Link to comment
  • 0

This entire workflow is actually already possible in Vectorworks. The problem is just one of efficiency. We can't snap wall/roof/slab objects to each other and we can't insert objects into multiple walls/roofs/slabs at once. As I understand from Matt, it's these two things that would be a huge undertaking and potentially have a big impact on performance.

 

@Matt Panzer I wonder if there might be another solution? What if instead the ability to manipulate the extent of sets of components is added (which we can largely already do with Slab objects):

https://forum.vectorworks.net/index.php?/topic/95605-ability-to-manipulate-length-of-wall-components/

 

Link to comment
  • 0
  • Vectorworks, Inc Employee
On 8/1/2022 at 2:42 AM, Matt Overton said:

How does BIM/IFC want this to occur?

 

As I understand it, an IFC "wall" contains all of the wall's components.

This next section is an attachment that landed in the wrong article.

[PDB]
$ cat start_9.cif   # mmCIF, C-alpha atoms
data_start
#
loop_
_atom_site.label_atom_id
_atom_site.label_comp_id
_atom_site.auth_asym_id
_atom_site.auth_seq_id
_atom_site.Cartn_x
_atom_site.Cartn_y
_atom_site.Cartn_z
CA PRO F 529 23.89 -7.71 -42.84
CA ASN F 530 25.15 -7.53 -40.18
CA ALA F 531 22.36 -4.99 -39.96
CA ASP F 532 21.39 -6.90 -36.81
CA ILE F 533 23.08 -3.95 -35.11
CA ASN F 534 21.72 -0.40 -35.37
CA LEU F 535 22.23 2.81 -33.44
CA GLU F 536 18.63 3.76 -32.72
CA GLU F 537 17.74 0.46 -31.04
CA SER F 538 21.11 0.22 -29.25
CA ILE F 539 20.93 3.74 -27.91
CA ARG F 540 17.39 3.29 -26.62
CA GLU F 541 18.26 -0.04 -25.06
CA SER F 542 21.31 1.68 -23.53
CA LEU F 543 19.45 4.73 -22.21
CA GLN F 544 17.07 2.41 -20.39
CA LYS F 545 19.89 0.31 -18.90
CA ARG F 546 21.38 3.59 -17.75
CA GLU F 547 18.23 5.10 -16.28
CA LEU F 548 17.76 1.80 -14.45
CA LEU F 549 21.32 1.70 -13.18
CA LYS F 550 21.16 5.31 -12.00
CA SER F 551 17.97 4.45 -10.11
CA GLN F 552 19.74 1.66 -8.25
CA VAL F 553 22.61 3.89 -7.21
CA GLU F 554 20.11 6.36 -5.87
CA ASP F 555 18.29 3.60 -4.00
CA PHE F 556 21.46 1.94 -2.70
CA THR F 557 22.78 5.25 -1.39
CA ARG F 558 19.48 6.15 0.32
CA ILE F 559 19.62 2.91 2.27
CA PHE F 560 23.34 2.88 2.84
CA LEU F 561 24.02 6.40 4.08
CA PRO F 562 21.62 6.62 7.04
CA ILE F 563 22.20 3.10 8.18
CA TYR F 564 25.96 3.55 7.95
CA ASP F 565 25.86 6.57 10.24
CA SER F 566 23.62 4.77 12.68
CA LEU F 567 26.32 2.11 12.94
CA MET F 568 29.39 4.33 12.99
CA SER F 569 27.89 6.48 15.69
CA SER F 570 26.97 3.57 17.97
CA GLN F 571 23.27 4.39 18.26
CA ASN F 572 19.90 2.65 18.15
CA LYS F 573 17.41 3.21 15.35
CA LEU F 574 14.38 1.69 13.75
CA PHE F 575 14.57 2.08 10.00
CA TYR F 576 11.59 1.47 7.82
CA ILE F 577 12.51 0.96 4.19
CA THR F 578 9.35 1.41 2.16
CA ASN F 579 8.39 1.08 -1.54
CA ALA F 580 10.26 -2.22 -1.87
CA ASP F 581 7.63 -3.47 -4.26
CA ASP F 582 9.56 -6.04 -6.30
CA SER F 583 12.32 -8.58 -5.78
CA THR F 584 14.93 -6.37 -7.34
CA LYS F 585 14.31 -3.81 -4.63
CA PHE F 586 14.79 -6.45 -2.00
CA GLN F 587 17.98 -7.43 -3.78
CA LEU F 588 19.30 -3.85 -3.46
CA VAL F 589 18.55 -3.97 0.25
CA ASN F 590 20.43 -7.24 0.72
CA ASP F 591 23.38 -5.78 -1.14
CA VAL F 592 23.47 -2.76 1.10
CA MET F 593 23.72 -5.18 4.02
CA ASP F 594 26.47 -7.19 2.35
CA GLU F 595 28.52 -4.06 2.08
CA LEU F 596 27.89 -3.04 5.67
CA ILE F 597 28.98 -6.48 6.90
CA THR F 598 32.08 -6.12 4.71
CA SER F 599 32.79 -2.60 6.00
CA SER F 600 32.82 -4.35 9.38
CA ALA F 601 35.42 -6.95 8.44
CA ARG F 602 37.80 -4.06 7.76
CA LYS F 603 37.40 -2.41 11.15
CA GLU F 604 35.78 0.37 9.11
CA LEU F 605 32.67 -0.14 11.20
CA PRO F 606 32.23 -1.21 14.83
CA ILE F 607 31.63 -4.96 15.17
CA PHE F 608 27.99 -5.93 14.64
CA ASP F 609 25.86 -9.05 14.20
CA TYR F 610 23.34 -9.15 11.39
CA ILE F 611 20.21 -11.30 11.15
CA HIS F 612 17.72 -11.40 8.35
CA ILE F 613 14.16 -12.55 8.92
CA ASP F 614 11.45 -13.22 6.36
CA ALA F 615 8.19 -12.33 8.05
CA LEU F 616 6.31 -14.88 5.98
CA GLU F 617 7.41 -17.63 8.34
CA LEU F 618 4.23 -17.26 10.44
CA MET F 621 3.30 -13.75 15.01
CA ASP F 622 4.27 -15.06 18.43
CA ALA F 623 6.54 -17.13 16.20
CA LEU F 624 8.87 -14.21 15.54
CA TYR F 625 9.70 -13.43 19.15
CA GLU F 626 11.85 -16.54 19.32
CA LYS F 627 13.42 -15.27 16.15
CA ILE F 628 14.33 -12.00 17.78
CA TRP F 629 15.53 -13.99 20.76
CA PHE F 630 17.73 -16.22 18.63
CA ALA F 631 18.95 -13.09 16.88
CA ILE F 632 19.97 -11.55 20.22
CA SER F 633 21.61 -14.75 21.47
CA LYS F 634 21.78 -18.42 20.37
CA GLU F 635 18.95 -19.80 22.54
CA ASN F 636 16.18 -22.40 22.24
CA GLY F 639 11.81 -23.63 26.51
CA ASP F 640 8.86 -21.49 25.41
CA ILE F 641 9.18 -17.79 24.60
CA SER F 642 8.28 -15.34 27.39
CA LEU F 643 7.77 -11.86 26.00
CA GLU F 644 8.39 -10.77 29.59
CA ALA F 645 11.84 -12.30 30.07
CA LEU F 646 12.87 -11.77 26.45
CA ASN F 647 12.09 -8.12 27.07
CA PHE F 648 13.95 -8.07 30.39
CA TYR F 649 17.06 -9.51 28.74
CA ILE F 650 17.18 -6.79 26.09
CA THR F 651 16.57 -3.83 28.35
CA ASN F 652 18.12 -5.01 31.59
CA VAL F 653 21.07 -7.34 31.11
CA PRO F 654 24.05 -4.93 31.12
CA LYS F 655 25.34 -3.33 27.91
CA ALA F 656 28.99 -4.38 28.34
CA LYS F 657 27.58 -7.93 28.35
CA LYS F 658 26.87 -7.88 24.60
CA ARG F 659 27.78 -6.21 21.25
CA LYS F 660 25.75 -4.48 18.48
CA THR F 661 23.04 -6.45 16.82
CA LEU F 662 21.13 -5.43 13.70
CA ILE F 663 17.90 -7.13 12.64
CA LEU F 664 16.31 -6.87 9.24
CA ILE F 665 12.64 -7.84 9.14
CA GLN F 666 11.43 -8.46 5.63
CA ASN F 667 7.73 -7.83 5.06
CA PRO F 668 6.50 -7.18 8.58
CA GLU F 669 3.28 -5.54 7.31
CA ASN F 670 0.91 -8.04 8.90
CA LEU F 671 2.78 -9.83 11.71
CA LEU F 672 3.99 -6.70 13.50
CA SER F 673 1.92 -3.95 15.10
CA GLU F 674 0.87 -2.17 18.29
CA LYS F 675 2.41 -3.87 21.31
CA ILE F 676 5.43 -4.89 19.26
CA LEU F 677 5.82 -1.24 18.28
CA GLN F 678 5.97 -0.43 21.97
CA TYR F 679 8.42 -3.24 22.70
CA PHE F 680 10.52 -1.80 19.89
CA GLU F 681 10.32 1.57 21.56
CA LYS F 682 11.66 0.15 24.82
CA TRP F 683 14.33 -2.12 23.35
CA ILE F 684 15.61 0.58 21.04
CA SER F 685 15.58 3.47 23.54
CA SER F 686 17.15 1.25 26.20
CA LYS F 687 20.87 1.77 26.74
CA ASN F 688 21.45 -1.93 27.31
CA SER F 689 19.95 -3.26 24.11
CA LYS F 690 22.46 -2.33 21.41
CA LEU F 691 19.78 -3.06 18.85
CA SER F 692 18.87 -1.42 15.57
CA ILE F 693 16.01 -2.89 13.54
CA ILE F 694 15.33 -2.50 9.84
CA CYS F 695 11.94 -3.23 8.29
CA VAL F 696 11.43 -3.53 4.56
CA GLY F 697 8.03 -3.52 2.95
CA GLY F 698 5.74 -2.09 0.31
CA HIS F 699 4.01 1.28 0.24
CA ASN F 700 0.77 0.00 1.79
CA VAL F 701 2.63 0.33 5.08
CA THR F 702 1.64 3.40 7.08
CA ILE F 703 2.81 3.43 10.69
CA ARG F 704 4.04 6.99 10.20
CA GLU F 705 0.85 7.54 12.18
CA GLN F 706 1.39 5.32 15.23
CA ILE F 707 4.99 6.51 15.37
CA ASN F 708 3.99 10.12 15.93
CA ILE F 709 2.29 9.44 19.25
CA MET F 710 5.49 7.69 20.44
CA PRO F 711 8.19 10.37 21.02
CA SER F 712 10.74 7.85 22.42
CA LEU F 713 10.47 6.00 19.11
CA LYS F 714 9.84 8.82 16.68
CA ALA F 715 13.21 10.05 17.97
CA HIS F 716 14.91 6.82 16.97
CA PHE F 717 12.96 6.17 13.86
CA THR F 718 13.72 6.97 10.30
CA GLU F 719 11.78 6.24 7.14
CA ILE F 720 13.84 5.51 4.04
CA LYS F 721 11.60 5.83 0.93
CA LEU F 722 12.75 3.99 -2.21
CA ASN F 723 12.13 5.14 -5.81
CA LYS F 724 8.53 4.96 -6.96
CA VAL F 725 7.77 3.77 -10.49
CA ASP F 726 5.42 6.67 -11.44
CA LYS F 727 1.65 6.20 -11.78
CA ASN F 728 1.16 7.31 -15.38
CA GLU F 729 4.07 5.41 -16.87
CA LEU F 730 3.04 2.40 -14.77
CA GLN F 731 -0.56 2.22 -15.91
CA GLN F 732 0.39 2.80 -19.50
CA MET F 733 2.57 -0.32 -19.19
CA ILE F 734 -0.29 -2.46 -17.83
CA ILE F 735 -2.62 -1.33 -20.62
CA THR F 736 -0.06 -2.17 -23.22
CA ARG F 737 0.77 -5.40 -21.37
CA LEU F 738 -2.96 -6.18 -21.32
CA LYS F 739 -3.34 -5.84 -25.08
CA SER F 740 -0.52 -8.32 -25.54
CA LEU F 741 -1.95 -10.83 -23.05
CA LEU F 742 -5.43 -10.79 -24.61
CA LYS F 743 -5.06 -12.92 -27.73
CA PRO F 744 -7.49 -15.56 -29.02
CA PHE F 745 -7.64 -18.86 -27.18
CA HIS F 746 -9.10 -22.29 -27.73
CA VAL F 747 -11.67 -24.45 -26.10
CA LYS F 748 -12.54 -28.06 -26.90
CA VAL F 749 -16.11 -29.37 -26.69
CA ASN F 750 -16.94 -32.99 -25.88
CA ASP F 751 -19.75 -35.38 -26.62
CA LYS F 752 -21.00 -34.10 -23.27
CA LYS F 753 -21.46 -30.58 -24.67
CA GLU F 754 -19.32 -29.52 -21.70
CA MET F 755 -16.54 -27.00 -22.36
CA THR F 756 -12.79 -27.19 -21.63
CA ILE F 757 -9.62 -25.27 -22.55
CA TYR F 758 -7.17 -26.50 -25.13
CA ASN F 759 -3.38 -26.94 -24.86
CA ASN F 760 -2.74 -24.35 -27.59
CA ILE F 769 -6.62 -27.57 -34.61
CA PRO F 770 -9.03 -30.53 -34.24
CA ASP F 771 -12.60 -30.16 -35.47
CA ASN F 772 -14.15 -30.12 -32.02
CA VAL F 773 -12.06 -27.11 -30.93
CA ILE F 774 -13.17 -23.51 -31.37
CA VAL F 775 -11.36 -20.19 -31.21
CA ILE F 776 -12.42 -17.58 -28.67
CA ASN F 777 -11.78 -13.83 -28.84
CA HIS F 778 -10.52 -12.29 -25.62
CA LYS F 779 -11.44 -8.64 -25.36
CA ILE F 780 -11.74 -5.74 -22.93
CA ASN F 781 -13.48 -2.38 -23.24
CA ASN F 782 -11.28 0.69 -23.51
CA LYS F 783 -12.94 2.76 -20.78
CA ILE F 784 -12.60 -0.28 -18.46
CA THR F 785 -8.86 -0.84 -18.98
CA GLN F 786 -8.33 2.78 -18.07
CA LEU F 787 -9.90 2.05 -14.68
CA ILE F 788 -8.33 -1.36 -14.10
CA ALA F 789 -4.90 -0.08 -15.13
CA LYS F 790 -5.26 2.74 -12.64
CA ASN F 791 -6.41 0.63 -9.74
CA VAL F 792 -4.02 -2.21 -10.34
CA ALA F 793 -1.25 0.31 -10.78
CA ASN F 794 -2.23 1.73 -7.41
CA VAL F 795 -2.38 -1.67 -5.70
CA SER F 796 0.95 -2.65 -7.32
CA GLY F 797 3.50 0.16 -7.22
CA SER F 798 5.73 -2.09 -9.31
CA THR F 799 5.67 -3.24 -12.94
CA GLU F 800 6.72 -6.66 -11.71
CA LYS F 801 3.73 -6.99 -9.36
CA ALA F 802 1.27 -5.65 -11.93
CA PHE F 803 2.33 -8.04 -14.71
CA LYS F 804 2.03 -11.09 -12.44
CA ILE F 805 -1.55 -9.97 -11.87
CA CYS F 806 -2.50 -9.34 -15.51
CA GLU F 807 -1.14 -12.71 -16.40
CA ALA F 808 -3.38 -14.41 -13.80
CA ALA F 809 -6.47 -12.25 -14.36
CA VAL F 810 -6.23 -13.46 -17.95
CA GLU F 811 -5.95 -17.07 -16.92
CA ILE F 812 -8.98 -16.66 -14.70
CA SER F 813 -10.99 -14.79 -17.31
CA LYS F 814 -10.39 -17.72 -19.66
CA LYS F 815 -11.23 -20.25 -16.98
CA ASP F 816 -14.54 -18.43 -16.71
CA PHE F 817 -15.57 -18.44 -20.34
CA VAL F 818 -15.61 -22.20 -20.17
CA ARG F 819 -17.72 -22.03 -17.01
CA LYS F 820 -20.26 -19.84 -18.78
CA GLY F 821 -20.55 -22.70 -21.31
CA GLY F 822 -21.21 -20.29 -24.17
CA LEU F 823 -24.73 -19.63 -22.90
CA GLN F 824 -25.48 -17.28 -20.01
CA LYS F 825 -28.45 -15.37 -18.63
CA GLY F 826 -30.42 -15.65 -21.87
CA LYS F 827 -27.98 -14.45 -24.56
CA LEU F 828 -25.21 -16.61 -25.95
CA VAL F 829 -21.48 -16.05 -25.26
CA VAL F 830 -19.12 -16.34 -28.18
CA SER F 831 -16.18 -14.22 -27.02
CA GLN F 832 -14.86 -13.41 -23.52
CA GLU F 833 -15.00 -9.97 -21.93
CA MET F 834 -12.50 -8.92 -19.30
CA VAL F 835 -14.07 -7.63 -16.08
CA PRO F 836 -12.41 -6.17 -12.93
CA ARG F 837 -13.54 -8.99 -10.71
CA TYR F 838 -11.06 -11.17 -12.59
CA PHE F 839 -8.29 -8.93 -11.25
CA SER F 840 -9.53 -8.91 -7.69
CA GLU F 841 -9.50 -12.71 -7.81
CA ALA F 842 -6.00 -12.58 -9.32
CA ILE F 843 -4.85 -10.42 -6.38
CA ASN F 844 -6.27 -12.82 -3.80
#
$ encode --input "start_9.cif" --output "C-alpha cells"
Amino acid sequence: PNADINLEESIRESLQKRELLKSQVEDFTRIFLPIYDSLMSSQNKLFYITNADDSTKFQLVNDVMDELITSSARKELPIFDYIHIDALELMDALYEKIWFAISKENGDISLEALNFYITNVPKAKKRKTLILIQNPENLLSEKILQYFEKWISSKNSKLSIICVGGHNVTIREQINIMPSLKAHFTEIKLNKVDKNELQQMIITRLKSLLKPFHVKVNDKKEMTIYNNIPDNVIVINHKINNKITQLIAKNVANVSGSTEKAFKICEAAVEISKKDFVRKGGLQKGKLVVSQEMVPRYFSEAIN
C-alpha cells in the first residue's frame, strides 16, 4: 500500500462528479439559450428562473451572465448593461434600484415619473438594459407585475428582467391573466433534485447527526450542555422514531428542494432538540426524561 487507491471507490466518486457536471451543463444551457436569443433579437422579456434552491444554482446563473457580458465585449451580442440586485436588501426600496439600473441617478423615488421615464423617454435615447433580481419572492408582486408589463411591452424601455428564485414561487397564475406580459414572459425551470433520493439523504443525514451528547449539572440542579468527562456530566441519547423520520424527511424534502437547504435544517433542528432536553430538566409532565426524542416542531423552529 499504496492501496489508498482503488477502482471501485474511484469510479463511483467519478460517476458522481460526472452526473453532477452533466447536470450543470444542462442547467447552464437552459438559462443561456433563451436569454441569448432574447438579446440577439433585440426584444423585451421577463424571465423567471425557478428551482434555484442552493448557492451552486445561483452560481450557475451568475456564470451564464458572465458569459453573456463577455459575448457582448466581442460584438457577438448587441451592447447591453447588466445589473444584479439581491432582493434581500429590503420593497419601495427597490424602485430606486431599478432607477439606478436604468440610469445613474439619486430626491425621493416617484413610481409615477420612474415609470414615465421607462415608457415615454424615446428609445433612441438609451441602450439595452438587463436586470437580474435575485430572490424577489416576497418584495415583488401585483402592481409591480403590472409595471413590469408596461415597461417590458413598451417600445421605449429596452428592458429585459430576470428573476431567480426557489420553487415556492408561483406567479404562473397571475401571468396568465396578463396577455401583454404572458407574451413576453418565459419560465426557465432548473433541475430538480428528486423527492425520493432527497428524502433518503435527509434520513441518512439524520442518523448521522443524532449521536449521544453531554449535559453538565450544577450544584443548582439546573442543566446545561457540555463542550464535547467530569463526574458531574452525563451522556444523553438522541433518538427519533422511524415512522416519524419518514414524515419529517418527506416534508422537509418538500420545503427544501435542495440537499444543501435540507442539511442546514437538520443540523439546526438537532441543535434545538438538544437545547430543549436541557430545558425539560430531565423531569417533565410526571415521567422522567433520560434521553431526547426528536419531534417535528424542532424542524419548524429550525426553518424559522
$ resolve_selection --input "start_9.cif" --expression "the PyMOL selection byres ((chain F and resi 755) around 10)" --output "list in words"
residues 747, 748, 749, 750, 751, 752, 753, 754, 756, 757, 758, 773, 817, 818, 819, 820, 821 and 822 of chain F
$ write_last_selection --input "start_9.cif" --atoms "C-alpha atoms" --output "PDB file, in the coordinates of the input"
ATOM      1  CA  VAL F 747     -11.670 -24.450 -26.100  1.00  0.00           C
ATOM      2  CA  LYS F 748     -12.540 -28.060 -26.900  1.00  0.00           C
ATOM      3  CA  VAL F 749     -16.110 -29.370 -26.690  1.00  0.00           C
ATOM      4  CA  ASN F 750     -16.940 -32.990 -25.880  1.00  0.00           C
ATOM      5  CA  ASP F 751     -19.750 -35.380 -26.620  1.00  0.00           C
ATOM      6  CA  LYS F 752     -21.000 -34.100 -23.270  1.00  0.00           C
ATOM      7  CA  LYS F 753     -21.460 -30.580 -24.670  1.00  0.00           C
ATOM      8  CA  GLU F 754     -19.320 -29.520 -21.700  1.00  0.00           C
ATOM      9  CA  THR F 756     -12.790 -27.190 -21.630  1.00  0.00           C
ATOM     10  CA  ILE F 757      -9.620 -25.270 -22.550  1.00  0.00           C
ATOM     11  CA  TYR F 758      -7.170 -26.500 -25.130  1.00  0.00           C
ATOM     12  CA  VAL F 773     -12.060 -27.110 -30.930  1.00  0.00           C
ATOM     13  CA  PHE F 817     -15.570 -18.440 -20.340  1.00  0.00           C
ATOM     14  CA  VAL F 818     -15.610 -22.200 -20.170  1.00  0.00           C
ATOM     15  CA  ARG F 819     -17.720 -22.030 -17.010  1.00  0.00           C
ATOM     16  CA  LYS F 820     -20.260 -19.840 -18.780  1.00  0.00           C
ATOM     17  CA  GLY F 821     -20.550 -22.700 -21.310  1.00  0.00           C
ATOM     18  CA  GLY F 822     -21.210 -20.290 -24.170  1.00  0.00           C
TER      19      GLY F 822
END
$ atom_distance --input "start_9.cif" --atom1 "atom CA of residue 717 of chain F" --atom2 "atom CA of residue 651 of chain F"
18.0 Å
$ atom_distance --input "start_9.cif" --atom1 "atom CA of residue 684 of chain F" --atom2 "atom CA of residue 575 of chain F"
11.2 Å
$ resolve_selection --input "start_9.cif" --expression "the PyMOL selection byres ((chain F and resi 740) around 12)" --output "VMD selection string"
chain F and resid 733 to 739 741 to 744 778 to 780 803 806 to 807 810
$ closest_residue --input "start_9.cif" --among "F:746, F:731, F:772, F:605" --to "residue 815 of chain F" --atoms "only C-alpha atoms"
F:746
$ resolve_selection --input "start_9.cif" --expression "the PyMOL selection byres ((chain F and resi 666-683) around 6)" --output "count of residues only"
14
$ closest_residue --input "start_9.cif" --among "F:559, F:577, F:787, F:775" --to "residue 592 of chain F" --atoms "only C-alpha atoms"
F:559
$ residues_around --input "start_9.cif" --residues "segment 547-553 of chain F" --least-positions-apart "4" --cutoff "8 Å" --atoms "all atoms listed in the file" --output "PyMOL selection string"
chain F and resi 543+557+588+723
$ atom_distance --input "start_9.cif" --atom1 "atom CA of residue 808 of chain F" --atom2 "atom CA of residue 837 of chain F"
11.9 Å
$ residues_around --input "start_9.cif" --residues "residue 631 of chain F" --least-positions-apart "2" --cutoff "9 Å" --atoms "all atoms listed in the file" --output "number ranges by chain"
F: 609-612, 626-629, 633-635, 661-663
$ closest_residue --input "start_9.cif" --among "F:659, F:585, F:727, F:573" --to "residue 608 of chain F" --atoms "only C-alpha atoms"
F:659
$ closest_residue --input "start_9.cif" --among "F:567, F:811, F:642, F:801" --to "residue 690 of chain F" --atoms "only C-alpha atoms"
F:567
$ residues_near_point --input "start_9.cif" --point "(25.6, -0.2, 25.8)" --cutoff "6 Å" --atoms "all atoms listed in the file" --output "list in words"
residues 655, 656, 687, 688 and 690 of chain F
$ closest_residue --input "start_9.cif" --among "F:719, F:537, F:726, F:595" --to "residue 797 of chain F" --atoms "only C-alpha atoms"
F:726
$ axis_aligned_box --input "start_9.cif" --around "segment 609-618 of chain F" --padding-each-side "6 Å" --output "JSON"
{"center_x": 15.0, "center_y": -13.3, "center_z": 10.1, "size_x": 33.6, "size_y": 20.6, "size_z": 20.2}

On 8/1/2022 at 2:42 AM, Matt Overton said:

One of things needed in BIM to seperate responsibilities this would seems to be one of those areas where demarkation is required. Say separating Structure from General building envelop and further separating fit-out/interiors from General building envelop. I know, I know the answer is probably that it wasn't considered how to divide up roles as these "standards" seem to have come out of an everything under a single umbrella approach. Still how we work needs either demarkation or double handling. Basically double handling will continue, technology won't make our lives better but everyone will expect higher productivity because of it. 

 

Still if there is an answer to the question it might suggest how the feature wants to work if implemented?

 

I certainly get the desire to do what you're saying.  There are a lot of reasons why you may want to do this including everything mentioned above and even being able to select different phases (existing, demo, new, etc.) for different groups of components.

  • Like 1
Link to comment
  • 0
  • Vectorworks, Inc Employee

@Amorphous - Julian, @Christiaan, Et al,